IMPORTANT: Please note that you require an Eastern Cape Provincial freshwater angling license if you intend on fishing!

The dam

Wriggleswade Dam is a relatively new dam. Only being completed in 1991. It is built on the Kabusi River and is part of the Amatola water infrastructure. The dam has a full storage capacity round-about 91.2 million cubic metres however it is currently approx. 60% full and as such is relatively low. The dam is well renown for its bass fishing, although this is just one of the few activities that take part within its waters.

The route

We stuck true to our rule of thumb and once again departed and returned via different routes. Heading there via Grahamstown, King Williams Town and Stutterheim and then returning along the coast via East London and Port Alfred. In both directions the roads were well maintained, although they are currently doing roadworks between EL and PE. Time wise, it was much of a muchness although the inland route is a bit more hectic when towing a boat (lots of steep inclines).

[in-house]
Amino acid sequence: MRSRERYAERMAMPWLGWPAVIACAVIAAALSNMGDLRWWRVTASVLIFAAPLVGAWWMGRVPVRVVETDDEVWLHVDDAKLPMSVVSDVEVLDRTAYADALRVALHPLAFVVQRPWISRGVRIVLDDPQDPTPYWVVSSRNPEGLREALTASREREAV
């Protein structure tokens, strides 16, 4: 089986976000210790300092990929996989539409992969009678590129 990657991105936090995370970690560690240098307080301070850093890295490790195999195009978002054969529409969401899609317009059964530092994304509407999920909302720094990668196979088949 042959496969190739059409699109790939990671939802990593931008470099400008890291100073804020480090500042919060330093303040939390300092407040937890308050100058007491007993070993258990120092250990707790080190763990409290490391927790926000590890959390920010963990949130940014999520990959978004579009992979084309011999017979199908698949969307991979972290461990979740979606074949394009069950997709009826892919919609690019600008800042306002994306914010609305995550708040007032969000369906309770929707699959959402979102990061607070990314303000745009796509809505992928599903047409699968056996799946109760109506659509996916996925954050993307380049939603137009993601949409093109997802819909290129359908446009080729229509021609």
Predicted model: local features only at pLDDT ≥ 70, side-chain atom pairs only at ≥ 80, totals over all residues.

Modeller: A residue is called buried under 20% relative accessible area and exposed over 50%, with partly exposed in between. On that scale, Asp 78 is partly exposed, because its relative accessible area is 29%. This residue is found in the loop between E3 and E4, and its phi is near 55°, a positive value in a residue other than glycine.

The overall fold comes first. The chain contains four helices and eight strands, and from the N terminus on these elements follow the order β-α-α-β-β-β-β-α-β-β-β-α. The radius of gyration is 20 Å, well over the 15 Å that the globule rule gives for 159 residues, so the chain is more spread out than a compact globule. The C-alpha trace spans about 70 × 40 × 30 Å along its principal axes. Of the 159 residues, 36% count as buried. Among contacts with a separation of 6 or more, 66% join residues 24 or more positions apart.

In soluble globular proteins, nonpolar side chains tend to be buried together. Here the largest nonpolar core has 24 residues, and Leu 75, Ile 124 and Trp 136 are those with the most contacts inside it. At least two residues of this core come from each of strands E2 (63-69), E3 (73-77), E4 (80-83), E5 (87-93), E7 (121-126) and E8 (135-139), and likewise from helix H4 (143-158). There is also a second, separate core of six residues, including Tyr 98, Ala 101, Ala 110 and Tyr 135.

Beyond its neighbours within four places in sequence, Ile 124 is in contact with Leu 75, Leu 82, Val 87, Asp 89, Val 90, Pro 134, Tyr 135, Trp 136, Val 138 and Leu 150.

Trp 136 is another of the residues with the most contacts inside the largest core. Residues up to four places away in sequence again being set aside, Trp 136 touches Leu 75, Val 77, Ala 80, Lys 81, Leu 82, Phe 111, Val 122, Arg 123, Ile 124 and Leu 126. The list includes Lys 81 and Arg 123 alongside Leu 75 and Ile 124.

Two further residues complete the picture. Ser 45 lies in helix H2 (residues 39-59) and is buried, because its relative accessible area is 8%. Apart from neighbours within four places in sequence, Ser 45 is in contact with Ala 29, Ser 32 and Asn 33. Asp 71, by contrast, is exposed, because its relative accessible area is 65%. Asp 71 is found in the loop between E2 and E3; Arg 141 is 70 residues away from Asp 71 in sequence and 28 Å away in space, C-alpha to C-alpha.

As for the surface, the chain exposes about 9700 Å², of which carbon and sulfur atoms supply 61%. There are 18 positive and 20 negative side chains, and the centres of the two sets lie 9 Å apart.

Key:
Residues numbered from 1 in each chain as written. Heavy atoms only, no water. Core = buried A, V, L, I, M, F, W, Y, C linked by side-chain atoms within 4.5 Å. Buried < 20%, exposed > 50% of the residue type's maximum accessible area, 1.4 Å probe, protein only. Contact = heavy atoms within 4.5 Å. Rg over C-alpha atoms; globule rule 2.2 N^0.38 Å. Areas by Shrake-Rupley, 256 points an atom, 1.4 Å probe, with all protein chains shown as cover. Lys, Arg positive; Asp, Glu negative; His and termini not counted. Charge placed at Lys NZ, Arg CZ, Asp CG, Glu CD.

The accommodation

We stayed on the dam itself at Wriggleswade Caravan and Campsite. The campsite is super well maintained and there is access to electricity (should you need it) as well as to clean ablution blocks (hot showers and flushing toilets). There is a very basic shop where you can purchase ice and wood etc however Stutterheim is only approx 20km away should you need anything else. We setup camp as close to the water as possible so we could moor our boat right in front of us – not many places left in South Africa where you are still able to safely do this! Should you wish to visit Wriggleswade, get in touch with Amanda on +27 83 313 5551, she will be able to assist you with all your booking requirements and answer all your queries.

Overall we were disappointed in the fishing, the fish were small and not as plentiful as we had expected. However we had an amazing time at a beautiful place and any day out fishing is better than a day stuck indoors!